Bugzy Malone Speaks About Manchester, Mental Health And His Love Of Boxing

Bugzy Malone is one of the biggest music artists in the country, and as a result of his success he's indulged himself in some of the trappings of wealth, his Instagram features expensive cars and clothes, but a taste for the pricier things in life isn't what defines Bugzy. He talks openly about childhood traumas, his battle with mental health issues and his dedication to clean living. All of this makes him somewhat unique as an artist and he certainly doesn't conform to (outdated and inaccurate) stereotypes around what grime stars are like. He's differentiated in the grime game the moment he opens his mouth, a strong Mancunian accent separating him from a largely London-based pack from the get-go.

Bugzy looks more like a boxer than a rapper and that's no accident - he boxes every day, spending hours in the gym and eating only the best food to fuel himself. His partnership with PhD Nutrition is a huge part of that, helping him stay fit and ready for touring. LADbible sat down and spoke to the man himself about his upbringing, his goals and the divide between Manchester and London.

"I've been doing a lot of work in London," he told us. "I've been doing a lot of projects and the industry is in London so no matter where you are and where you're from, you're going to have to spend a lot of time in London. I spend as much time at home as I can just because I feel like without that foundation, it's hard to stay fit, hard to eat well. I find it hard to eat healthily on the road. That's where PhD got involved. When I was on tour they gave me protein bars and helped me stay in shape. I don't feel like I'm stuck living in Manchester."

His love of boxing and music shines through everything, and he thanks them for helping him stay on the straight and narrow, especially as a kid. "Without boxing, straight away, I'd have spent a lot more time chilling with friends," he says. "The kind of friends that I was chilling with were more street-orientated, so I would have spent more time on the street. Whether that would have been a good thing or a bad thing is hard to comment on. I don't necessarily think it would have been a good thing.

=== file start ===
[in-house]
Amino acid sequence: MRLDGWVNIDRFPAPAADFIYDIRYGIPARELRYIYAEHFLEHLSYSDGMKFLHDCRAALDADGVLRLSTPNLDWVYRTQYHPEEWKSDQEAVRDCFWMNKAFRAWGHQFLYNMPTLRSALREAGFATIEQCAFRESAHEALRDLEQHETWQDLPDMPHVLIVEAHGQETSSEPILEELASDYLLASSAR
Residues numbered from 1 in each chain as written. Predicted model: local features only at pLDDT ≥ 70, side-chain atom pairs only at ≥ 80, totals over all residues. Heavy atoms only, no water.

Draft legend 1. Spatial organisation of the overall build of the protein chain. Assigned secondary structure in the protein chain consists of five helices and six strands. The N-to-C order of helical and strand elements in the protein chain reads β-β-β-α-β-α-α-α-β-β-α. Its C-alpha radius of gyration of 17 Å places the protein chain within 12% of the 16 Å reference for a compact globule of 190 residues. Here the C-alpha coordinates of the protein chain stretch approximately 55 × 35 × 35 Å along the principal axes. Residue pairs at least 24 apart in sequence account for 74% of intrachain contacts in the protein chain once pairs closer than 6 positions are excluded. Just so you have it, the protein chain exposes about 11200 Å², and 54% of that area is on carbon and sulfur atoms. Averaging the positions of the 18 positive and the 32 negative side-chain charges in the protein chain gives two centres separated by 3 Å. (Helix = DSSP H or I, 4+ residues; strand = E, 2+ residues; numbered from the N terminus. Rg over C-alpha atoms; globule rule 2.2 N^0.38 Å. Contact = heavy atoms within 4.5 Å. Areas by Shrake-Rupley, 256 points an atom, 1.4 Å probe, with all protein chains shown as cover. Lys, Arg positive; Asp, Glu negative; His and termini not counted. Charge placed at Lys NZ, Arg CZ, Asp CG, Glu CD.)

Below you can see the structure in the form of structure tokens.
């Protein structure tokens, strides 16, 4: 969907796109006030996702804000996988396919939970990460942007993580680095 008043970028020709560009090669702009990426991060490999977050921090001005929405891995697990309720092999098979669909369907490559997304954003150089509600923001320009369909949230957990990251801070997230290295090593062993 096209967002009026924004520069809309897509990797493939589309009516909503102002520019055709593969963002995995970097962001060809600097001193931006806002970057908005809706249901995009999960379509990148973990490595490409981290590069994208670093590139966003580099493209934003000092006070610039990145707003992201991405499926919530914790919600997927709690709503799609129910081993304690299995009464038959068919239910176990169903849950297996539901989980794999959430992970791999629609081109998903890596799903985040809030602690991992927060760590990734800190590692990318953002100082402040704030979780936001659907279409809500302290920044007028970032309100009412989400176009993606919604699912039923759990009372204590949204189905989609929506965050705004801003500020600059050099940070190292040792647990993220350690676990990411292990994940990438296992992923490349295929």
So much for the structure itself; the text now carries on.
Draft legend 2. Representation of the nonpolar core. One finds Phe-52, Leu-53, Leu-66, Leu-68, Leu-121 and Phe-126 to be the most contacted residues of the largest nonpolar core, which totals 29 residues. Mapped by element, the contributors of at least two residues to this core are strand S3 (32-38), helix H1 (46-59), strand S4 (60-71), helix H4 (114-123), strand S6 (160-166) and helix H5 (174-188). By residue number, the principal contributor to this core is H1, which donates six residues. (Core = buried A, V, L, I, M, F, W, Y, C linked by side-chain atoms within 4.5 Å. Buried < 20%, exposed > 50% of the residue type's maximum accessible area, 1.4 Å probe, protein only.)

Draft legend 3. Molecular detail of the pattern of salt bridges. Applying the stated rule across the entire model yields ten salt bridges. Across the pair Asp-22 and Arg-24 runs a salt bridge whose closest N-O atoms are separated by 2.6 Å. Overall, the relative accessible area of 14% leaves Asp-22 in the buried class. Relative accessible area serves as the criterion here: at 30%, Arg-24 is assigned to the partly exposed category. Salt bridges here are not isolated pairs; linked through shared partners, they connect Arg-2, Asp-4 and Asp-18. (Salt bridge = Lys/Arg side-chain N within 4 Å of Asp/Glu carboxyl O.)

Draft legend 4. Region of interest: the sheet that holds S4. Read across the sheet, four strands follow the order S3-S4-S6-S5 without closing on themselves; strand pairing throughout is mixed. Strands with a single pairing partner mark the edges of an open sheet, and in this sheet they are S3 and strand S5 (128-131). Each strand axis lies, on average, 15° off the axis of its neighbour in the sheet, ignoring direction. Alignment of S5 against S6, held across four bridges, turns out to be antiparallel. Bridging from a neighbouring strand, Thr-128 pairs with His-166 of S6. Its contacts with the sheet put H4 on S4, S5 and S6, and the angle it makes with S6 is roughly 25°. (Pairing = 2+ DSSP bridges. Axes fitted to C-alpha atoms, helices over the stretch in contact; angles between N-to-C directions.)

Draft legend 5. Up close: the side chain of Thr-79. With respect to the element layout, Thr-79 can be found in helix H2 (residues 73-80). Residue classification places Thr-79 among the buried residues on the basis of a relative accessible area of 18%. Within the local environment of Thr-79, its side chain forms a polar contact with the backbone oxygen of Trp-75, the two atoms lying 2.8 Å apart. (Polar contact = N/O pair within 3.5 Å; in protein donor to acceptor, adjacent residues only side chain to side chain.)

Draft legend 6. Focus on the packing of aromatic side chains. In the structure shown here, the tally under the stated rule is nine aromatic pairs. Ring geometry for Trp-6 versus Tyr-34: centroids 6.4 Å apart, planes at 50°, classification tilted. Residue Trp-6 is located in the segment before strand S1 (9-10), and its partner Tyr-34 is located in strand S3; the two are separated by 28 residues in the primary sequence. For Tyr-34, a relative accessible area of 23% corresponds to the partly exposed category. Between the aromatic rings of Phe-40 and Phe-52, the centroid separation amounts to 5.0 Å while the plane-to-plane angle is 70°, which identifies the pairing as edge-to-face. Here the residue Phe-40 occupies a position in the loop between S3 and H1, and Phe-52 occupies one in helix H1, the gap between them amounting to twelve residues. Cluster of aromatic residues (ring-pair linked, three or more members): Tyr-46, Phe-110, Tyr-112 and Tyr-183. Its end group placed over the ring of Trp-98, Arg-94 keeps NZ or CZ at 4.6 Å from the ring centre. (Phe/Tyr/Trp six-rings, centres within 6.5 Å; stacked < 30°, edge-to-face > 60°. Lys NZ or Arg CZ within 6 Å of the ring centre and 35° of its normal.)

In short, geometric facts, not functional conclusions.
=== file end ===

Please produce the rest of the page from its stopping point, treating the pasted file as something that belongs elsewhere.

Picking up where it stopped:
Without music, I don't think I would have been able to express myself. Because the types of friends that I had at the time, we were all in our minds, young tough guys. Talking about your feelings and expressing yourself wasn't on the agenda. I think expressing yourself is an important part of self-progression."

Talking about mental health and opening up on issues is hardly standard macho rapper fare. We asked Bugzy why he was so open about his feelings. "The truth is such a powerful tool that's understated and underused. People try to hide from trauma and how they're feeling about life. If you look at the human anatomy, it's all system based and if something gets blocked the system doesn't run correctly and you get ill and need medicine to fix you. That's the same with the mind."

"You can't not approach these things that are running through your head, you have to be honest about them and you have to express the need to get them out of your system. And it just helps, that's what I've found."

It's that trauma that keeps him grounded and motivated to this day. "I believe that everything stems from trauma," he told us. "People are traumatised by the littlest things. You get punched in the face and it's going to change the way that you think in the future.

"A lot of the things that I went through growing up gave me that drive and ambition. A lot of my ambitions were built around not having to go through things that I went through growing up, like poverty, having no financial freedom whatsoever, dysfunctional home life, that kind of thing. Stuff like that can almost turn you into a workaholic. I've just booked my first holiday in four years after reaching the limelight."

"As much as it's good to have ambition, you don't want to have ambition for the wrong reasons. I think being ambitious became my vice because I didn't agree with smoking or drugs or alcohol so my hobby became getting as far away from that past as possible. It's good because you get the financial rewards but life's not about financial reward, it's about happiness.

Bugzy training
Bugzy training

Has he made it then? What is the end point? "You have to enjoy the journey," said Bugzy. "As a kid I told myself that I wanted to be rich. I said by the age of 30 I'd be in a certain financial position, and I've kind of got there. But in that vision of being 30 and being rich, I meant in every sense of the word.

I'm a little away from being rich in every sense of the word. "I have financial freedom, but that doesn't buy happiness. Now I'm at the stage where I'm working on myself, I've spent years entertaining others and now I'm ironing my own self out. I think that's when I'll come to a stage that I'll be able to tell myself that I've made it. The recent 6 months is the first time that I've felt happy and secure in the happiness."

If there's one thing that becomes clear chatting to Bugzy it's that he has a very strong sense of self. He redirected his own life path at an impressively young age and hasn't looked back since, making a massive success of himself along the way, thanks in no small part to an abundance of natural talent. Bugzy has spent years entertaining fans, and will spend many more doing the same, but he's now intent on looking after himself too - an important message we should all take on board.

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